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Adult woman suffering from hearing loss after having chemotherapy treatments discussing symptoms with her doctor.

Coping with cancer is terrible. Patients have to go through a very hard time and some of the side effects of chemotherapy are often disregarded. But for a large number of cancer survivors, there will be a life after cancer and that’s an important thing to remember. And you want that life to be as meaningful and prosperous as possible.

This means it’s essential to speak with your care team about decreasing and managing side effects caused by your treatment. You’ll be able to enjoy life after cancer more completely, for example, if you discuss possible balance and hearing problems that could arise after chemotherapy, with your care team.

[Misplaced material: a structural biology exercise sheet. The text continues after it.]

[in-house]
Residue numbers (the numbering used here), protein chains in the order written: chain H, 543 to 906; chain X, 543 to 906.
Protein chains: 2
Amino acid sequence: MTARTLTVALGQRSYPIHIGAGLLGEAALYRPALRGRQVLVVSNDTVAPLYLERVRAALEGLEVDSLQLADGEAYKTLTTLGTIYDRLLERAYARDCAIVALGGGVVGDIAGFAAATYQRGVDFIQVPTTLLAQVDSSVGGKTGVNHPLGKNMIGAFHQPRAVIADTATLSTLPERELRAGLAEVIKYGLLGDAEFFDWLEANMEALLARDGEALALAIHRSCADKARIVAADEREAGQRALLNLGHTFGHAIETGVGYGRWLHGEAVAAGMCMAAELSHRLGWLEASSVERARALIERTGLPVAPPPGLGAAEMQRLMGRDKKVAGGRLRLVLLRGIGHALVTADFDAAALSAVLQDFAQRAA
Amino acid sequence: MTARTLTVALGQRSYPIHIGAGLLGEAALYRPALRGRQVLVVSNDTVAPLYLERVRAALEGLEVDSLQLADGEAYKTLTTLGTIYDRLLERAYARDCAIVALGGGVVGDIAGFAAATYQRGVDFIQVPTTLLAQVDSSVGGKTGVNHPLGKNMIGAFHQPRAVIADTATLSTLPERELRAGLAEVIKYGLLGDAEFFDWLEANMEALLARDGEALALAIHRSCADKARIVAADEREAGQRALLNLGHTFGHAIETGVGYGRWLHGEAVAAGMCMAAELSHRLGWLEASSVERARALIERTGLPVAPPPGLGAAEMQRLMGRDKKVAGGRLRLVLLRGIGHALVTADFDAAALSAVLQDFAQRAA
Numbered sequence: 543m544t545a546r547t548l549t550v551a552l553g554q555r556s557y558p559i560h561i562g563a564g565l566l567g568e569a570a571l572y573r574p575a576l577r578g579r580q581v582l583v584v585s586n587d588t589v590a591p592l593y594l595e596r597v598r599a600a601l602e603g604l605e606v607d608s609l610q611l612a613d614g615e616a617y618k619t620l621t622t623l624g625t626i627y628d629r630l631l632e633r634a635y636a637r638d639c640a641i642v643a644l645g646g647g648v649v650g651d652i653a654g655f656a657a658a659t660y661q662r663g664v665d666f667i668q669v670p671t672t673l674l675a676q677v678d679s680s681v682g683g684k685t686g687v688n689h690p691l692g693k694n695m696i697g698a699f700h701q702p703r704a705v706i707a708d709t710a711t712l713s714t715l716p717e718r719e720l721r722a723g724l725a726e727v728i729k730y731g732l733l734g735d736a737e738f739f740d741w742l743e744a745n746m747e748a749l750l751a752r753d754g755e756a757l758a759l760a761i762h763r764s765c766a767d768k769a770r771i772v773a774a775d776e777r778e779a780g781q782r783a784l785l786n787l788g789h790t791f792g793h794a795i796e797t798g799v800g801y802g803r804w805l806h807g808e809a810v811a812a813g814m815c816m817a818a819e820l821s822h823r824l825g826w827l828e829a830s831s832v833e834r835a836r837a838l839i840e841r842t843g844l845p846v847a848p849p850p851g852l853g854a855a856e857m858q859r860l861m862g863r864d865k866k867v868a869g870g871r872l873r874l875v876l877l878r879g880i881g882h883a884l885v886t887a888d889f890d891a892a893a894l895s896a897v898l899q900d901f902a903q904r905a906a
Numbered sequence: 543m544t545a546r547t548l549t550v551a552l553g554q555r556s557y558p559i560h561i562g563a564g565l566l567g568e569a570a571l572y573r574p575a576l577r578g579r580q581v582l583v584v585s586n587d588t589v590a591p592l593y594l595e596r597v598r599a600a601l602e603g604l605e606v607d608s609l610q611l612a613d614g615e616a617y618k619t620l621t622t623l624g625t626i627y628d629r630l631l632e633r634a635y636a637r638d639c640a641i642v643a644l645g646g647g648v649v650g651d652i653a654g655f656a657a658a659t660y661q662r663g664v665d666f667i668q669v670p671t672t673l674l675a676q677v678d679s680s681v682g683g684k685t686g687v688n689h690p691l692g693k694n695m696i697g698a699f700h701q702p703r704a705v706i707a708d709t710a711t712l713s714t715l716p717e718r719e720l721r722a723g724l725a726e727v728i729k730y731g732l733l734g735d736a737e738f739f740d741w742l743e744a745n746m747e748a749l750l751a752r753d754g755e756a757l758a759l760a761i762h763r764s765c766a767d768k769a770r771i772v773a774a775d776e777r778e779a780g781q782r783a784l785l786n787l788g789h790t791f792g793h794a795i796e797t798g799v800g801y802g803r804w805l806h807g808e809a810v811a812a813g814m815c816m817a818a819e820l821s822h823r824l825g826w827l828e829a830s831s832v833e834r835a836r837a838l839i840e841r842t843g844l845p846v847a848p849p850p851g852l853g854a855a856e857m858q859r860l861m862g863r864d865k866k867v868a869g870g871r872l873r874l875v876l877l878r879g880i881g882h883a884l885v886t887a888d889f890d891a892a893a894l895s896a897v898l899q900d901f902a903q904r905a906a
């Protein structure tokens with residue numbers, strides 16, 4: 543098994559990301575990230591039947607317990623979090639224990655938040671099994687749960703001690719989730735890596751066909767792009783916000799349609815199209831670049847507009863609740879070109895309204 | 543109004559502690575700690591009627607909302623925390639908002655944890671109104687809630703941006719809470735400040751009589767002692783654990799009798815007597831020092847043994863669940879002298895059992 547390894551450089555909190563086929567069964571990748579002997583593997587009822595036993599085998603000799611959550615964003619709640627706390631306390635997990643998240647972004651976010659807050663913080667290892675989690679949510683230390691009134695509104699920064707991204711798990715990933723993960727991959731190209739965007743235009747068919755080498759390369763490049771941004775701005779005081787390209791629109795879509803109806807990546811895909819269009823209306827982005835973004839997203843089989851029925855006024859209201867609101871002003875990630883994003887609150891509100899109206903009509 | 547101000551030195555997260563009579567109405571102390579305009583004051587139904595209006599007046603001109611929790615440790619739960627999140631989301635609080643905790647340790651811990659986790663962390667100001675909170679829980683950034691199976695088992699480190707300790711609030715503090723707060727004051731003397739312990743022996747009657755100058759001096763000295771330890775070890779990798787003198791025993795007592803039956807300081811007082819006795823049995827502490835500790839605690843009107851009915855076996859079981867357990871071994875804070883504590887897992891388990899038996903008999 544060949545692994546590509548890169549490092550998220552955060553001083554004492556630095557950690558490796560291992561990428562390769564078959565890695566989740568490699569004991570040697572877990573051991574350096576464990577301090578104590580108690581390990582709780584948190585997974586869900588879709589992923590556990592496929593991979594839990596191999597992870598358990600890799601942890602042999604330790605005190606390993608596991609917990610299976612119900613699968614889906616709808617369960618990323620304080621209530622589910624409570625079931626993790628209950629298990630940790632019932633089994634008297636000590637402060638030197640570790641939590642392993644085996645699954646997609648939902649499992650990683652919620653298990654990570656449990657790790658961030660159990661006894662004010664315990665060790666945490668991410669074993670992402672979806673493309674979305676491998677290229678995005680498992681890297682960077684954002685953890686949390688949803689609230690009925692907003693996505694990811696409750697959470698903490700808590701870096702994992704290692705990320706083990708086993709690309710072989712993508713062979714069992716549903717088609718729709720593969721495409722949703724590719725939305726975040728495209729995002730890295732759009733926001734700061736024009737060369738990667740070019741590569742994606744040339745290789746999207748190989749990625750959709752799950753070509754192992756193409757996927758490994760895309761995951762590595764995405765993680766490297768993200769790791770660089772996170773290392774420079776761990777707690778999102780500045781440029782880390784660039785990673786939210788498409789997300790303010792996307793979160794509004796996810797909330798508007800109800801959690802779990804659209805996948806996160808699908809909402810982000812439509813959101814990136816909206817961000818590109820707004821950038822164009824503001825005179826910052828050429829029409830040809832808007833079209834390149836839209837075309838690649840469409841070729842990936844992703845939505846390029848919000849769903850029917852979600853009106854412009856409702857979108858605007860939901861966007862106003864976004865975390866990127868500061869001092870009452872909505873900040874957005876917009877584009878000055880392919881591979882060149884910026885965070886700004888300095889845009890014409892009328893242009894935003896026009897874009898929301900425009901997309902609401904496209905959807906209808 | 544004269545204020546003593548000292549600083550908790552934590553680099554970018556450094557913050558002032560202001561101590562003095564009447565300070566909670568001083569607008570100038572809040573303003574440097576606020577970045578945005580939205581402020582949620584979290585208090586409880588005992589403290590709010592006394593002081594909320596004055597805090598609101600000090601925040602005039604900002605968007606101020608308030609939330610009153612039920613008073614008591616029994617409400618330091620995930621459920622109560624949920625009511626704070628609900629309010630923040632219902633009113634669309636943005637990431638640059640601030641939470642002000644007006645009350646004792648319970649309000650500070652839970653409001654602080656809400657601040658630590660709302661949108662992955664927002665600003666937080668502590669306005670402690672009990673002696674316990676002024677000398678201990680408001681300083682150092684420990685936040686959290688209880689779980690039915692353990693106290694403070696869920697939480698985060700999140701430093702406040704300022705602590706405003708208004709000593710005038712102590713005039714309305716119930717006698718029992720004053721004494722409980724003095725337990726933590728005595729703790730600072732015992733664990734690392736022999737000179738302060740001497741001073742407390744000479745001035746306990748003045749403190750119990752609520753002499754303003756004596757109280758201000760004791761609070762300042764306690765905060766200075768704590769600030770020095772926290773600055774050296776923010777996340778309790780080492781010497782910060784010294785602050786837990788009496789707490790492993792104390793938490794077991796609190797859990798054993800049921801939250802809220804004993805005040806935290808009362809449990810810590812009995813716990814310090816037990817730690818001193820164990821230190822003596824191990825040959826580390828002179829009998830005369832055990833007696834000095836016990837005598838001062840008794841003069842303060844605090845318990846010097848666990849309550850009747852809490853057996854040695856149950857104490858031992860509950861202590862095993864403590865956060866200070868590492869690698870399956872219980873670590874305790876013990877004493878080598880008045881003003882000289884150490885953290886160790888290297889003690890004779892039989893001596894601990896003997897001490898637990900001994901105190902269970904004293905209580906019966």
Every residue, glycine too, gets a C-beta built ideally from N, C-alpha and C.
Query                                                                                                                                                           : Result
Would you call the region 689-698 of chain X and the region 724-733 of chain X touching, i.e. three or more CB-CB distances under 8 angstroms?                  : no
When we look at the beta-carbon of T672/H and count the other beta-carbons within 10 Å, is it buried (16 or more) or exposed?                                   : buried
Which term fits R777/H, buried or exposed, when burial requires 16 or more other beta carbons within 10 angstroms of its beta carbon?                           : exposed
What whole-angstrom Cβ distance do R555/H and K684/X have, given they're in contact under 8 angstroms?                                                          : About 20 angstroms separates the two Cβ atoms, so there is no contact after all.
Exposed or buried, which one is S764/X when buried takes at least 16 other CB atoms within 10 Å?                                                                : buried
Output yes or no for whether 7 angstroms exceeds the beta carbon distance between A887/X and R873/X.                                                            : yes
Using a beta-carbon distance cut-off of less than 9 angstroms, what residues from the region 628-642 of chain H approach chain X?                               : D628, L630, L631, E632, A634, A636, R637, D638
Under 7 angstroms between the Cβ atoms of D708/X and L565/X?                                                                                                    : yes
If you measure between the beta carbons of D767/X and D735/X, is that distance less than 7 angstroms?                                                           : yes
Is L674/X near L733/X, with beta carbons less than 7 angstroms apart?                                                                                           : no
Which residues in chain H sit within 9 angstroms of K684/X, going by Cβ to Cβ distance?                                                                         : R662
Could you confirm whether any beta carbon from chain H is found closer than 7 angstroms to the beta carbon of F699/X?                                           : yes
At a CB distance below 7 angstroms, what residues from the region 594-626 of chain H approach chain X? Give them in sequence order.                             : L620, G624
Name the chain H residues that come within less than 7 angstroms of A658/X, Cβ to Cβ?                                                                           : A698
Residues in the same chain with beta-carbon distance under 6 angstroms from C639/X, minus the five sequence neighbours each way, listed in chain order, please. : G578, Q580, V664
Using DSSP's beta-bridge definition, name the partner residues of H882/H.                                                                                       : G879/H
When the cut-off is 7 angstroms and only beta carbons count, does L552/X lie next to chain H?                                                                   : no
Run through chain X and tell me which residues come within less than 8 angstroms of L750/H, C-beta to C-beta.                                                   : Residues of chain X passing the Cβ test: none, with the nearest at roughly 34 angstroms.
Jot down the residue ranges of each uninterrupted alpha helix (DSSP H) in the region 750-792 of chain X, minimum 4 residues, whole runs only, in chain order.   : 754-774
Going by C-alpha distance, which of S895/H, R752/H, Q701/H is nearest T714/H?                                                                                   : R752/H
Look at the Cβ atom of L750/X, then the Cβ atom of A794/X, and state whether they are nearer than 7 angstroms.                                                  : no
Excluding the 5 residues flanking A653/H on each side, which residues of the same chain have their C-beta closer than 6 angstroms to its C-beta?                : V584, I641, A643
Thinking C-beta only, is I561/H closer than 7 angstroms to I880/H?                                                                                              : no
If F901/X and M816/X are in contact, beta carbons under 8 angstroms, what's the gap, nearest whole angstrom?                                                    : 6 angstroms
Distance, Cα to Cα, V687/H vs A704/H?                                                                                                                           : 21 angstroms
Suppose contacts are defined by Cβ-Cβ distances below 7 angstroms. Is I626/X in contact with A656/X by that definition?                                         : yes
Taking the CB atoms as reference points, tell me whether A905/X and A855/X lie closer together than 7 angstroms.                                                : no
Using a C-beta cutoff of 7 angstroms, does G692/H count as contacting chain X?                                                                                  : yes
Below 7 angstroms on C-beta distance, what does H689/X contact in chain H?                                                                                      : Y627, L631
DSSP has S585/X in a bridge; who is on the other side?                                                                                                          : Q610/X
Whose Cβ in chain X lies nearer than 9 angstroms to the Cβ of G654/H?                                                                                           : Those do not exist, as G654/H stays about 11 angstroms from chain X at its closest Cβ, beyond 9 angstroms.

Cancer treatment options

In the past couple of decades, considerable advancements in cancer treatment have been made. The development of some cancers can even be prevented with vaccines. But generally, doctors will use one or more of three different ways to fight this disease: radiation, chemotherapy, and surgery.

There are unique drawbacks and strengths to each of these, and sometimes, they’re used in tandem. The best treatment course will be guided by your diagnosis, your prognosis, and your care team.

Do hearing and balance issues come with all cancer treatments? Normally, these side effects only accompany chemotherapy, but every patient is different.

What is chemotherapy?